This fact should come as no surprise. GSDP growth can make an impact on the conditions of the people in either one or both of two possible ways. One, if it uses up labour reserves, in which case those who are underemployed get fuller  employment and therefore increase their earnings, and those who were not underemployed but were employed to start with, get higher wages on account of the tightness of the labour market. Two, GSDP growth can make more fiscal resources available for transfers to the poor which can improve the conditions of the people.

This second avenue however gets foreclosed because the argument for enlarging GSDP by giving concessions to corporate interests does not have any determinate temporal limits to it. If the proponents of such a pro-corporate strategy were to set down some specific limit, such that until that limit is reached GSDP growth is to be encouraged by giving incentives to the rich, but once it is reached redistribution towards the poor is to commence, then there would be some scope left for redistribution towards the poor. But since no such break, no such threshold, is ever prescribed, no shift in strategy in the form of a change in the direction of income distribution is ever contemplated. This second avenue therefore is a non-starter.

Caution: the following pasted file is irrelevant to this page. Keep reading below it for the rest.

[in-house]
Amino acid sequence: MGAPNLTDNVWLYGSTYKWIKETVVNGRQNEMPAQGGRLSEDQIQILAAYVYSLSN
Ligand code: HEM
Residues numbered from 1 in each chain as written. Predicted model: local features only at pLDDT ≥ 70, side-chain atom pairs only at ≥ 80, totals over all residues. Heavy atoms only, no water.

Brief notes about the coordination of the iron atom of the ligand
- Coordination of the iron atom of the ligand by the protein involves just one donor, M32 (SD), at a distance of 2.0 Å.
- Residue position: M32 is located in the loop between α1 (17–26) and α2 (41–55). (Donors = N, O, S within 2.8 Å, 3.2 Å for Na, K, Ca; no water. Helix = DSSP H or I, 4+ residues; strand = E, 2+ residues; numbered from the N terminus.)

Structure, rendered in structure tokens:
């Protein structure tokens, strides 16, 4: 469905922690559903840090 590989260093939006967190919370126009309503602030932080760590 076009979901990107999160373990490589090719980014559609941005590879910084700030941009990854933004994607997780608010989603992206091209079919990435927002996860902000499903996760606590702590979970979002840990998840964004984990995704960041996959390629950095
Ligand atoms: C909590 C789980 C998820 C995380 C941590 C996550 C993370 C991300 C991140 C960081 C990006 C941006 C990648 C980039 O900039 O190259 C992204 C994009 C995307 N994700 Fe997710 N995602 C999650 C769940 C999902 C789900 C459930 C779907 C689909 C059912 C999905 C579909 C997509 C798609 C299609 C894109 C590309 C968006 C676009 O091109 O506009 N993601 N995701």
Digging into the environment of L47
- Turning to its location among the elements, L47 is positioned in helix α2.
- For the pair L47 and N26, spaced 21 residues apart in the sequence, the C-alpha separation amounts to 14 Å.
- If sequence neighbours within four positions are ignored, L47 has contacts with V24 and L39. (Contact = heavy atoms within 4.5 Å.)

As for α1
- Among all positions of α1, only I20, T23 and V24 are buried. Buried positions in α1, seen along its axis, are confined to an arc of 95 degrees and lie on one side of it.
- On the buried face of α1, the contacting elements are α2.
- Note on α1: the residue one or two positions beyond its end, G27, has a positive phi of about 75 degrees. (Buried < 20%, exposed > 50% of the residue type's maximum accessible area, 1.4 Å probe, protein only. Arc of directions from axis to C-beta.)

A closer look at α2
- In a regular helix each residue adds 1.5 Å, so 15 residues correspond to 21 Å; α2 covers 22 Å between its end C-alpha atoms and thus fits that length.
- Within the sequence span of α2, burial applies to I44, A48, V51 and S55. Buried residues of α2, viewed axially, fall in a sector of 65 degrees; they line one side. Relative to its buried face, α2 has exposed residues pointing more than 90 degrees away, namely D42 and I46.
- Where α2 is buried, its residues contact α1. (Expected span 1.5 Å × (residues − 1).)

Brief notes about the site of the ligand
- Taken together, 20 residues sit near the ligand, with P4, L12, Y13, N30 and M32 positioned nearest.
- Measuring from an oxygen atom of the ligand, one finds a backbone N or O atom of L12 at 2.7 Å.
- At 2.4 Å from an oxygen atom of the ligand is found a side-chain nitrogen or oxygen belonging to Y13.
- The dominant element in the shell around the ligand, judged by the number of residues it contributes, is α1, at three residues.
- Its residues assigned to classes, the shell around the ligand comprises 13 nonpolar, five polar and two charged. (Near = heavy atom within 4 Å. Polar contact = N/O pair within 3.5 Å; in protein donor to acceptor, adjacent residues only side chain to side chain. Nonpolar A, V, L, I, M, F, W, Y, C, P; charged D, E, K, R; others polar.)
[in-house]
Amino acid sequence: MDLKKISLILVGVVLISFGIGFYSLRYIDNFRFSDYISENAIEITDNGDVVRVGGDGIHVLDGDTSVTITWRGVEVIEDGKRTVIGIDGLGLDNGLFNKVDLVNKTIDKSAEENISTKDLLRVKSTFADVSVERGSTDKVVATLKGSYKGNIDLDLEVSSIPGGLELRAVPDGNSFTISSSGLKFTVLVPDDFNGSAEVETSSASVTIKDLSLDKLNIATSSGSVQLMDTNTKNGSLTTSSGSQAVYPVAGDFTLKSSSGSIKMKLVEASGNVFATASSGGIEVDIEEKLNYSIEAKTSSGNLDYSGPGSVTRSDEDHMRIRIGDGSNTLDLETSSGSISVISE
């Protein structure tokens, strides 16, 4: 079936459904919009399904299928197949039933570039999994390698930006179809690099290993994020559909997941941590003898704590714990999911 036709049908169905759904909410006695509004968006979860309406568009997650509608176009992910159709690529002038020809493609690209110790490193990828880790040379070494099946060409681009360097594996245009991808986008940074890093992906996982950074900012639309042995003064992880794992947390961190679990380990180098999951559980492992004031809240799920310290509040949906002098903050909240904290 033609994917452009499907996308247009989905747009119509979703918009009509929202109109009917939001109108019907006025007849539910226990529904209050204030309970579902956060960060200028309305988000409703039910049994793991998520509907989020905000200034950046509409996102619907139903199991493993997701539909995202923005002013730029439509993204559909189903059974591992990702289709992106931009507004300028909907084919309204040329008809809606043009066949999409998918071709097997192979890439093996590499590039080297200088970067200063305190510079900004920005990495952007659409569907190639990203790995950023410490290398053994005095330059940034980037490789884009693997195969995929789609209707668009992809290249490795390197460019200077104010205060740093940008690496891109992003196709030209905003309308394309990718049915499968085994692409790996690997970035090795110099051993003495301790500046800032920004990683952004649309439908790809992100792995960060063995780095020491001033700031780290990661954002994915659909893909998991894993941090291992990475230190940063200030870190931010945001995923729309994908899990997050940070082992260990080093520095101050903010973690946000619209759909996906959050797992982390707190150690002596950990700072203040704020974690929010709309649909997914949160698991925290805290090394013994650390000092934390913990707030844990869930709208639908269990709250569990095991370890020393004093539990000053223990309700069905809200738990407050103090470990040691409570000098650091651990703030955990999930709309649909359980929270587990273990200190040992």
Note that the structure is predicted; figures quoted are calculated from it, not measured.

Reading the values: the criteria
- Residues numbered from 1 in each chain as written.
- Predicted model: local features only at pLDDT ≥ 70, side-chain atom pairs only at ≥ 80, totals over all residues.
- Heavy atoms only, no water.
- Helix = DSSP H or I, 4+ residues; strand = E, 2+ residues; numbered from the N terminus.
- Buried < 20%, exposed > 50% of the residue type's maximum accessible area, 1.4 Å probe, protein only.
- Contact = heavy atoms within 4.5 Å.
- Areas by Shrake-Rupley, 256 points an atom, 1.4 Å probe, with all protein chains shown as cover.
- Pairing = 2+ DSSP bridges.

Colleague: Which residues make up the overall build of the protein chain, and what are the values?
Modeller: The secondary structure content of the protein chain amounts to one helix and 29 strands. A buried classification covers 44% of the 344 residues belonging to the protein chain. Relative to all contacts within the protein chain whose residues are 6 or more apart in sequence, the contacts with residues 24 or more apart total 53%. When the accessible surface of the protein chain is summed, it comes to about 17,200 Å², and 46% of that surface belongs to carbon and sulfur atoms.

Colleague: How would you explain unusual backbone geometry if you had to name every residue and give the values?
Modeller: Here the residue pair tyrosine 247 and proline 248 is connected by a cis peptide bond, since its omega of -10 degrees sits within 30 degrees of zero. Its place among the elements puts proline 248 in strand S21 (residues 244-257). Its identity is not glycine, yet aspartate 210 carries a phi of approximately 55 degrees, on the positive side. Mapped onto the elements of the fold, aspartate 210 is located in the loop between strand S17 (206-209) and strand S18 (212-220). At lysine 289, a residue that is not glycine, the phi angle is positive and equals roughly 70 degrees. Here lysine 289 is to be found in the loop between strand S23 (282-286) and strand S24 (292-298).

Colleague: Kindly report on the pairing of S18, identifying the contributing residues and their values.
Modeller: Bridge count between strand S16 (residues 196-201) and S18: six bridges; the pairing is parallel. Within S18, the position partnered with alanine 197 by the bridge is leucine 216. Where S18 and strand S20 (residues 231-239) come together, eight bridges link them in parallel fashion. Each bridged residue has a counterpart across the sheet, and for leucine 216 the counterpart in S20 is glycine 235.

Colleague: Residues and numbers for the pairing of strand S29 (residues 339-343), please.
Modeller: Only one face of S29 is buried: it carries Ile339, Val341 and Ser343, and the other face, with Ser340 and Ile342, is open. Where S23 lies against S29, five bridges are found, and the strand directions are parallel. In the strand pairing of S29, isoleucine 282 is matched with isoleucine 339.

Just to give one example, the Gujarat government allegedly offered the Tatas a sum of Rs 31,000 crores under various kinds of subsidies to induce them to shift their Nano plant to Gujarat. This is an enormous draft on the Gujarat government’s budget, which correspondingly restricts the scope for pro-poor social sector expenditure. And since under the logic of this strategy, such blandishments to corporate interests are supposed to be always worthwhile, the paucity of resources for transfers to the poor becomes a continuing feature of this strategy.